Master Frustration

Whether you are trying to master a skill or get someone to act a certain way, things might not be as easy as you expected. This can give rise to frustration. While everyone experiences frustration on some level, you can master this feeling by understanding the root of the frustration, forming a plan to overcome it, and managing your own expectations.


Defining Your Problems

  1. Separate your problems. Frustration results from problems and obstacles in your life. To master your frustration, you will need to first separate your problems. This will allow you to deal with each problem one at a time. When you devote all of your resources into fixing one problem, you will be much more effective than if you try to solve all of your issues at once.[1]
    • For example, if you are frustrated because you want to be healthier, you might need to break that idea down to specific problems. Some common issues around health are things like:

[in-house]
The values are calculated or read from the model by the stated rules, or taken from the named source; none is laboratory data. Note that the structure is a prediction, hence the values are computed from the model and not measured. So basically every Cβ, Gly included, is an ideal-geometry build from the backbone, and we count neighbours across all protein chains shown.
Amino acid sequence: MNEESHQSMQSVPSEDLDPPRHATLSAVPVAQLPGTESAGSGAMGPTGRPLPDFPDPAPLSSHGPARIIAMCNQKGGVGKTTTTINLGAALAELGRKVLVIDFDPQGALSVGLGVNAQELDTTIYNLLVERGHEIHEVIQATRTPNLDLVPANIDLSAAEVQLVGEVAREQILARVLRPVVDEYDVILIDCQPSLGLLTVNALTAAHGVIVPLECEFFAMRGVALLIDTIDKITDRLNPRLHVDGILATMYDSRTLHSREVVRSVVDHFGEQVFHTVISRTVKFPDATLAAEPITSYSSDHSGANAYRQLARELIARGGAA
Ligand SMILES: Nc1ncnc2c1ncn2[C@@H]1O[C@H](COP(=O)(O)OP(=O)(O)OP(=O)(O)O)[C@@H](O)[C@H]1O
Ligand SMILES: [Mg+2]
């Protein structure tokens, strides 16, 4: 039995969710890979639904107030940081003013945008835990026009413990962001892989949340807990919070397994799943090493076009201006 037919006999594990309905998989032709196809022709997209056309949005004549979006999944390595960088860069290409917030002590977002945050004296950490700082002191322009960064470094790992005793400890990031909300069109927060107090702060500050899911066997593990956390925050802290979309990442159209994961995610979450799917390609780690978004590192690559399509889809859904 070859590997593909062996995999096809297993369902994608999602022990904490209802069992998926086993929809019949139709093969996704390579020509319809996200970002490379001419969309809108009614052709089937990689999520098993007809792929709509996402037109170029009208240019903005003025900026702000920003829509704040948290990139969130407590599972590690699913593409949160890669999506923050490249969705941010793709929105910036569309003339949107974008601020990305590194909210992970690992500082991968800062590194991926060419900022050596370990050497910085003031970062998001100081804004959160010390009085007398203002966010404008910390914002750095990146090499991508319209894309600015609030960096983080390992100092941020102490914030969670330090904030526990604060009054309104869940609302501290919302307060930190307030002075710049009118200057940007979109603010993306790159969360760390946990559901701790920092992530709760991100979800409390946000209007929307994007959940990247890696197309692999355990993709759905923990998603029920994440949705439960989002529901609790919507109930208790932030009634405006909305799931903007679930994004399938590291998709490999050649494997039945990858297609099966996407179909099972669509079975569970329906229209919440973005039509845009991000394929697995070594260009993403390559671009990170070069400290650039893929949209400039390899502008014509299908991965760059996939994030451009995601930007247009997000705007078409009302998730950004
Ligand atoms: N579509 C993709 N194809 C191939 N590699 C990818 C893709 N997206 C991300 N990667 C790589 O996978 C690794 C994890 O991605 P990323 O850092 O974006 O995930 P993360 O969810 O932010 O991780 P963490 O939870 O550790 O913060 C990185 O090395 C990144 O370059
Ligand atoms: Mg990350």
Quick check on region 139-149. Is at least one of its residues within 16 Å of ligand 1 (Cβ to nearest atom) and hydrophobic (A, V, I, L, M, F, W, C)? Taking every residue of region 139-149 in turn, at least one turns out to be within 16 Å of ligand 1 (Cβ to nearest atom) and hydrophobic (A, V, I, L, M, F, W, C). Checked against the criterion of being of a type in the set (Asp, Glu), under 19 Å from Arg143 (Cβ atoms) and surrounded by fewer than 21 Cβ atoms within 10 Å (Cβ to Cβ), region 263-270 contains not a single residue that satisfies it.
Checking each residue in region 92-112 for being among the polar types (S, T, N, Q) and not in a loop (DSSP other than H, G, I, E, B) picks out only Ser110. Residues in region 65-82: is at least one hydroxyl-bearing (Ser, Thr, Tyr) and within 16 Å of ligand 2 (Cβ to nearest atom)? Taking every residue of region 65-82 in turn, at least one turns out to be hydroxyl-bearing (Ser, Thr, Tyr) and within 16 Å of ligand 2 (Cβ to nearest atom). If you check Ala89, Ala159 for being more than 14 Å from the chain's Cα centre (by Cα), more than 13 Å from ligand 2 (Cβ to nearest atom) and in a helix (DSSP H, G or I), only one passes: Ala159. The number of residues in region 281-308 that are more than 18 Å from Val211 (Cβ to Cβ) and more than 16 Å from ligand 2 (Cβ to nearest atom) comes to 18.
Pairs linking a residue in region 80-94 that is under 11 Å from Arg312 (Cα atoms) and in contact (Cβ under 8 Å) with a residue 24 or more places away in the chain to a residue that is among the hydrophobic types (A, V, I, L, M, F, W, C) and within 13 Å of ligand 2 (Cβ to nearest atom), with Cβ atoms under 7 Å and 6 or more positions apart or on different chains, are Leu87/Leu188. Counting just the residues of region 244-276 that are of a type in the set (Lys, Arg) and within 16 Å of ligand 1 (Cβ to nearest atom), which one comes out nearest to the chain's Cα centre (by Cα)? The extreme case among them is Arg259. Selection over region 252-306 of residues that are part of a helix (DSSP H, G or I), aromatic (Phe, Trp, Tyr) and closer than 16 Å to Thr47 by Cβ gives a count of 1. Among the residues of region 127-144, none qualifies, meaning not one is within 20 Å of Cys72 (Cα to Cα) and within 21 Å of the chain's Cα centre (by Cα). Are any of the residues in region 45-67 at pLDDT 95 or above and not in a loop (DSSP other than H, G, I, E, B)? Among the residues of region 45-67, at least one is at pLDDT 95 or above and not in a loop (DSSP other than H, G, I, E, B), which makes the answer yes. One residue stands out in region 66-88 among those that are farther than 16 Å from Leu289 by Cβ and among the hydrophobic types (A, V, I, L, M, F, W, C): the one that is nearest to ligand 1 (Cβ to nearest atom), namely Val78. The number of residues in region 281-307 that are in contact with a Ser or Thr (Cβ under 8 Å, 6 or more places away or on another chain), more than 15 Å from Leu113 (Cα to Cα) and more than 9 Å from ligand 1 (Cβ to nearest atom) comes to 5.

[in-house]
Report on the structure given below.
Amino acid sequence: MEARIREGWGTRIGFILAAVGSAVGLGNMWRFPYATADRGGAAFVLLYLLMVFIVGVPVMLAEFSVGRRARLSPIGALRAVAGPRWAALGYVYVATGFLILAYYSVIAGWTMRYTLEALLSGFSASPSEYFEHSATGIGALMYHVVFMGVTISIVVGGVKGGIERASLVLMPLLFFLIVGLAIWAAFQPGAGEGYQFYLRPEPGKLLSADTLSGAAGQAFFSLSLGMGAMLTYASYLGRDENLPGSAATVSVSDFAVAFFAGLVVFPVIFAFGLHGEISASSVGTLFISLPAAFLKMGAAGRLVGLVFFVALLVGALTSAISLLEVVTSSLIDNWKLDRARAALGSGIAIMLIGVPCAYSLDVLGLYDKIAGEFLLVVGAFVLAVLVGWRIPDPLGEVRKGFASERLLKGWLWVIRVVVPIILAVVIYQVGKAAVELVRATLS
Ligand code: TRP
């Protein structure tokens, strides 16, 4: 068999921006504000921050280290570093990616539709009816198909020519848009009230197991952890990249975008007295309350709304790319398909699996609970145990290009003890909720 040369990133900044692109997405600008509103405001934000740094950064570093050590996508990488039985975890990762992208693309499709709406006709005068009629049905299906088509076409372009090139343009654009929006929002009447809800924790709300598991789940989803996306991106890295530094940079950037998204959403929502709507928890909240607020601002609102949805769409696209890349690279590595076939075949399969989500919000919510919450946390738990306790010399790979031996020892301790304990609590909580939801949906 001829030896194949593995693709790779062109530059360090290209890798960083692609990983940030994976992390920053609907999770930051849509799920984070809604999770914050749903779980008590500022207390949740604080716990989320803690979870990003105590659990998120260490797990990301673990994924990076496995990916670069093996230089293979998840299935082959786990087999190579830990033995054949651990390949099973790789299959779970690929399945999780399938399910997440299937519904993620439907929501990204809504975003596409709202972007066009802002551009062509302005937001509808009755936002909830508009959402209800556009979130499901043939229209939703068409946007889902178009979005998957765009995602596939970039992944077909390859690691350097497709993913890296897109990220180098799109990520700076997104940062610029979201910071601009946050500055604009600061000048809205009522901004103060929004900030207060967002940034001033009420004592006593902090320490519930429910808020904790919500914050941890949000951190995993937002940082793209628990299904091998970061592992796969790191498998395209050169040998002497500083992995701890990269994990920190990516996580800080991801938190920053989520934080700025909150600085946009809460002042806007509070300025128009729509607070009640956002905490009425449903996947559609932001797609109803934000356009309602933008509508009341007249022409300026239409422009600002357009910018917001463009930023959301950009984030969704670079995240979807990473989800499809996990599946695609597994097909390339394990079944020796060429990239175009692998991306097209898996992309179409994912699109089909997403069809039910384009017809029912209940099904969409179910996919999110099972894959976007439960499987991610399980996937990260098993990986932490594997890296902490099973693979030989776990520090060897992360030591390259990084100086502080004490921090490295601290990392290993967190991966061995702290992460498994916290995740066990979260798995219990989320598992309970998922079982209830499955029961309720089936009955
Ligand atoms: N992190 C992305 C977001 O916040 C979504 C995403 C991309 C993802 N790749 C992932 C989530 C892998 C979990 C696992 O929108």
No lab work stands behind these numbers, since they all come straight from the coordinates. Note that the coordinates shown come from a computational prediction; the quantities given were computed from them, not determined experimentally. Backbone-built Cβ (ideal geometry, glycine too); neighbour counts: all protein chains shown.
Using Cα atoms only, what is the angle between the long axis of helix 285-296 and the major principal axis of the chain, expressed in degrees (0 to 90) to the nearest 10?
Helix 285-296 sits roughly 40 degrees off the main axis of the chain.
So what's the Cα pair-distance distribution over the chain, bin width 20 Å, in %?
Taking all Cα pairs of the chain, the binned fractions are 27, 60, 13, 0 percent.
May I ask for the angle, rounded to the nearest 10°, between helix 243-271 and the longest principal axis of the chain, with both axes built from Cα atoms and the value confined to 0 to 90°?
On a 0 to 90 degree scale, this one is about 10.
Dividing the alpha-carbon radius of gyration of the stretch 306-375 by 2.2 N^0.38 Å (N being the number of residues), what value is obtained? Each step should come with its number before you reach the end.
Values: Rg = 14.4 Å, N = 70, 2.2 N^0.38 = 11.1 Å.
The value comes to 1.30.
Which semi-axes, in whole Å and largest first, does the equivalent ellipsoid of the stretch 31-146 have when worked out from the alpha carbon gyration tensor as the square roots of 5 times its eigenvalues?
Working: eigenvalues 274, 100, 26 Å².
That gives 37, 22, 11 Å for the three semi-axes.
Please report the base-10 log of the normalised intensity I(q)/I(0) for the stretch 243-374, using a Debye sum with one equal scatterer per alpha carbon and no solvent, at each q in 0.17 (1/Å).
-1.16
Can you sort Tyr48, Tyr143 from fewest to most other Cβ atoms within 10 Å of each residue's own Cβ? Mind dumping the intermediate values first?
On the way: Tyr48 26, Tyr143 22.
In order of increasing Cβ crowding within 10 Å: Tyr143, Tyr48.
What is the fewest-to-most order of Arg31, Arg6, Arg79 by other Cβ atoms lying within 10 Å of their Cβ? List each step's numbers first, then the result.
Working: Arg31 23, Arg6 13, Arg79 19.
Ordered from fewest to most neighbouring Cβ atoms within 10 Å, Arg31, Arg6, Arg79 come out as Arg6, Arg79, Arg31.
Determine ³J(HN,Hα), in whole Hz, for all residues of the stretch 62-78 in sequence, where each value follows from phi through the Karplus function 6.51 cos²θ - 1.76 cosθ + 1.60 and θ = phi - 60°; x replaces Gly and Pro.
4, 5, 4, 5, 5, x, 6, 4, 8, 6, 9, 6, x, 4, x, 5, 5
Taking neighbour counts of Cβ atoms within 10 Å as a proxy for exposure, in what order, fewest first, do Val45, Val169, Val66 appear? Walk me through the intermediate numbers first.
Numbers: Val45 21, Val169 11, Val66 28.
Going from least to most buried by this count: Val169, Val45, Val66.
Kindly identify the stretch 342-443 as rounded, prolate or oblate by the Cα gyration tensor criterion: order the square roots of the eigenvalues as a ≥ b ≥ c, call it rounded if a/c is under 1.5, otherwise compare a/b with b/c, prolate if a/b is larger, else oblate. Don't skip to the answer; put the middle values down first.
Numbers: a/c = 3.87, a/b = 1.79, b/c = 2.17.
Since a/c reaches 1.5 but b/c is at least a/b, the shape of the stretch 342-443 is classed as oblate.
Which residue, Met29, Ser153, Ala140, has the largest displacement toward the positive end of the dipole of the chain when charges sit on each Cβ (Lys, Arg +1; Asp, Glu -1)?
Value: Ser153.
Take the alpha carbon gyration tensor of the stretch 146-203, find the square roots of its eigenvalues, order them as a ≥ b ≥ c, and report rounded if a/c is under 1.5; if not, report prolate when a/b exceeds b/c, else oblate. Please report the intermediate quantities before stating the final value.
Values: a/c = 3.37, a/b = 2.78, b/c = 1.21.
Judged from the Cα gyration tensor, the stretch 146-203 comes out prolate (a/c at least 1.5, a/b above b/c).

• Snacking too much at the office
      • Drinking sugary drinks at home
      • Avoiding exercise during the week
      • Staying up too late on weekends
  2. Classify each problem. Your problems and obstacles will come from various parts of your life and cause frustration. You may encounter obstacles at work, in a hobby, in school, or with your emotions. Grouping these problems into similar categories will help you identify where you experience the most frustration. Once you have identified the source of your frustrations, you can start eliminating the stressors in that environment.[1]